With specialised courses in fields like Mining, Chemical Engineering, Mechanical Engineering and Petroleum Engineering, Curtin prepares its trainee engineers for long and successful careers. In all courses, students apply knowledge and skills within a real-world, professional setting; in some, students have access to some of Australia’s largest gold mines and nickel producers through Curtin University’s Western Australian School of Mines. No matter which path you choose, Curtin’s dedicated academics to lead you through, ensuring you will gain the knowledge and up-to-date experience relevant to your chosen career.
When Postgrad Petroleum Engineering student Alistair realised he was interested in upstream engineering after finishing four years of study in the downstream sector, for example, he thought his dreams for exploration and production could be over before they had even begun. But rather than let it get him down, the graduate engineer thought he’d take a look what other options could be open to him.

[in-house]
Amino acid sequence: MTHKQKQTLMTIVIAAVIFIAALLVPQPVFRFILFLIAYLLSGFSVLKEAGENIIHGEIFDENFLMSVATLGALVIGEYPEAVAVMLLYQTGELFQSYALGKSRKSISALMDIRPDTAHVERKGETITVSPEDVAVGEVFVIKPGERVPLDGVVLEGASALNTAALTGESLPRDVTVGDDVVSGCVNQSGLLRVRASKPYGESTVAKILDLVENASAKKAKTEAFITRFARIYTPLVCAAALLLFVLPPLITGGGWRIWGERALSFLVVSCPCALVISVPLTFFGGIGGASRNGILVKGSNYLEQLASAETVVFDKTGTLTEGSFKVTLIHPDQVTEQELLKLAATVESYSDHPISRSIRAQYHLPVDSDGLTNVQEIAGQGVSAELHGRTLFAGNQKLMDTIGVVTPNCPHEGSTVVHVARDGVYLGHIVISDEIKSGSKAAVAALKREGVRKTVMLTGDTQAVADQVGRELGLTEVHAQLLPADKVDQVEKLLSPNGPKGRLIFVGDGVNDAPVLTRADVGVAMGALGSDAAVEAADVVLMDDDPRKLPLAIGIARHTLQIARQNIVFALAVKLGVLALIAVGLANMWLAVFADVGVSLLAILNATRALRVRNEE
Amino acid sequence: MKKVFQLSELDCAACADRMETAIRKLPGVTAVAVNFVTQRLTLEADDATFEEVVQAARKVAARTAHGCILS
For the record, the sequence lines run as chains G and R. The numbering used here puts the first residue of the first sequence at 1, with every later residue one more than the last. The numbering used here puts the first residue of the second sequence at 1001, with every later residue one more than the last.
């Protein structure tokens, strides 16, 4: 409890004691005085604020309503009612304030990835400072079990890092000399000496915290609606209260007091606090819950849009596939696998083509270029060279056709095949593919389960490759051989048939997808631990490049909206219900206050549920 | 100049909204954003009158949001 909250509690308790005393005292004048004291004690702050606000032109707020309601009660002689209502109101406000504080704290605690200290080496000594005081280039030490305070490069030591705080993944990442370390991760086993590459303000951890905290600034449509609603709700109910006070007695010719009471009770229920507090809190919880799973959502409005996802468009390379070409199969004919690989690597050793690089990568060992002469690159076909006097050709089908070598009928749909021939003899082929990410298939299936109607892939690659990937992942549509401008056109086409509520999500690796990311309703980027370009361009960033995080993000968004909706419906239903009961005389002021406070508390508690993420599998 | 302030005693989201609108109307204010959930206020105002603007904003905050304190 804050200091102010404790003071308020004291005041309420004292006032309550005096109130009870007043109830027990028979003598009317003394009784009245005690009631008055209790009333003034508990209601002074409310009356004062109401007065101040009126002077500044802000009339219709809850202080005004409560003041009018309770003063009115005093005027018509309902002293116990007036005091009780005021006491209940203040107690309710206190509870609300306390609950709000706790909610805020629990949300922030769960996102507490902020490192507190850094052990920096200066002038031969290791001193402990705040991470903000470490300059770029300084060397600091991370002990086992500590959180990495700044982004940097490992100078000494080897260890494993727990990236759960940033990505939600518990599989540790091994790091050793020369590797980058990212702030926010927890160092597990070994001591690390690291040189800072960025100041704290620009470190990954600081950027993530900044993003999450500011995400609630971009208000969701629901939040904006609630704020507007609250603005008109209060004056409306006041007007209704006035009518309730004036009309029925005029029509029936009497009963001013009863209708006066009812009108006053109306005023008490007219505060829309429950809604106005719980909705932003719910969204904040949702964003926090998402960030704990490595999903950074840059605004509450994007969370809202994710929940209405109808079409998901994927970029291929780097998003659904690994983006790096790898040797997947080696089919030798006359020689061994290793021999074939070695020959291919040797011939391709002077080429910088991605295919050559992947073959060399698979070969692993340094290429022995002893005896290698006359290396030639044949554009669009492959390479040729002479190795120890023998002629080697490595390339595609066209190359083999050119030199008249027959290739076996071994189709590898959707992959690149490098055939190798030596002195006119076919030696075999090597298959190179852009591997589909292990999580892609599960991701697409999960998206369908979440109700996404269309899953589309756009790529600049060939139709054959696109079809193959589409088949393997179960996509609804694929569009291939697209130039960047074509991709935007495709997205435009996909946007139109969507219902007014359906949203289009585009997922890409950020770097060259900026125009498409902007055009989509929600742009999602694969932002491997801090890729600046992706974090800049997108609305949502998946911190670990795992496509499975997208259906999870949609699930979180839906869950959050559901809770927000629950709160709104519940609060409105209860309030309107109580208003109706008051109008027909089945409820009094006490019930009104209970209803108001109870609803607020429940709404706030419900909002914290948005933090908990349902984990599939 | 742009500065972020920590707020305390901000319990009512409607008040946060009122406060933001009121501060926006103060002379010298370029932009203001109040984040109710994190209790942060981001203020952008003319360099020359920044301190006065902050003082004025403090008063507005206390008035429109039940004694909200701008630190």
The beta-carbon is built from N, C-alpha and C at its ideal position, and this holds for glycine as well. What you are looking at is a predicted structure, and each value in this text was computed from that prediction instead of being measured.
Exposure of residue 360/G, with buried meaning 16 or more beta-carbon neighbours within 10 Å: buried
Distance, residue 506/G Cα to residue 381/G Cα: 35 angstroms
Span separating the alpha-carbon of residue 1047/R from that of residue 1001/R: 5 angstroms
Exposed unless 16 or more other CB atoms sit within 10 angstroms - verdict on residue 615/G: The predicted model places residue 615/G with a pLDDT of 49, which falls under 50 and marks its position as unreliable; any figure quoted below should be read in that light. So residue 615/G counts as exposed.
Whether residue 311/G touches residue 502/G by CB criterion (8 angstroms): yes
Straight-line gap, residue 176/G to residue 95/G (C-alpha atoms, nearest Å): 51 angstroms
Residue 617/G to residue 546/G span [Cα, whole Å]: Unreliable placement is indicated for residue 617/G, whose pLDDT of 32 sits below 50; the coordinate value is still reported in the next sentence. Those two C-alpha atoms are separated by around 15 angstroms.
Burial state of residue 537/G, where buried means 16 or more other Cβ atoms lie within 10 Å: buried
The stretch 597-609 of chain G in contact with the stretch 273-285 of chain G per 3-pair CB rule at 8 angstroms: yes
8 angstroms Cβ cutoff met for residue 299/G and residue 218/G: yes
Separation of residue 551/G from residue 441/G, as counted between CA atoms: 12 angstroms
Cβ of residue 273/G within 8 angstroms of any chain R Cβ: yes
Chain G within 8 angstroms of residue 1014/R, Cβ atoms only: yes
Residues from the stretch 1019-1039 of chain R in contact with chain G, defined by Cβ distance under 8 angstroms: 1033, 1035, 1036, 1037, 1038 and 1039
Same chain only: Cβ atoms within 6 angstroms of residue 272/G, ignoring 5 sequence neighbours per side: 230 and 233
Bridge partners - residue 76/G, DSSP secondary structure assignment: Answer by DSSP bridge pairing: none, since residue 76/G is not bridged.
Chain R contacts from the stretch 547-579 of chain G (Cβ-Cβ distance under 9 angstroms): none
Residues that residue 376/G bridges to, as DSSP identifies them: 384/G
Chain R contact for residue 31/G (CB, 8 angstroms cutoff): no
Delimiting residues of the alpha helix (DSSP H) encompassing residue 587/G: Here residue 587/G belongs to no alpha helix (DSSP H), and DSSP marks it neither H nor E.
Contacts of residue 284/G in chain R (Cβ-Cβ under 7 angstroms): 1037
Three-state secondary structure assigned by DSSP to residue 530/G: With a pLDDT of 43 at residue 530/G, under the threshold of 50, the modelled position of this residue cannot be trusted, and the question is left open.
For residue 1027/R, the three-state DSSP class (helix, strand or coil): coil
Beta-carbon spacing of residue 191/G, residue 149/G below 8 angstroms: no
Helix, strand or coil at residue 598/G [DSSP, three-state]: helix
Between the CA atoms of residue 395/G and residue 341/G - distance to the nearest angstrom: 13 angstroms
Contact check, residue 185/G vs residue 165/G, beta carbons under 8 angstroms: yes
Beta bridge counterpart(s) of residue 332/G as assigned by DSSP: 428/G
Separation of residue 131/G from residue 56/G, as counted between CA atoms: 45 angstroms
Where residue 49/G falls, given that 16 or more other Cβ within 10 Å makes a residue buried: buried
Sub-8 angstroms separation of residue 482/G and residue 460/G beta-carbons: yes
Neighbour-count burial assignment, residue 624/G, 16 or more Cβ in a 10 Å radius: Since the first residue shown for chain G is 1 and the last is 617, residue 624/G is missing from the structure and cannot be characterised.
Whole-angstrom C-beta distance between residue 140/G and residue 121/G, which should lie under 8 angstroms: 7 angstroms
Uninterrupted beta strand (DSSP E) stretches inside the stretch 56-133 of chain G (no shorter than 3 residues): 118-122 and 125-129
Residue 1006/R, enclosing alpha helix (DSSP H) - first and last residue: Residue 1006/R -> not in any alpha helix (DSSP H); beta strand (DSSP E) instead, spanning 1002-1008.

“I started searching around for courses at various Unis, then found the one at Curtin and read up on it,” he said. “I liked what I saw.”
The Department of Petroleum Engineering at Curtin provides a unique blend of academic excellence and industry expertise within the oil and gas industry.
“Rather than doing a whole other undergraduate degree in Petroleum Engineering, which would have taken three or four years, I was able to do the postgraduate in one and a half years,” Alistair said. “All I needed was a transcript and confirmation of my past degree in Chemical Engineering. It was an easy process to transfer over.”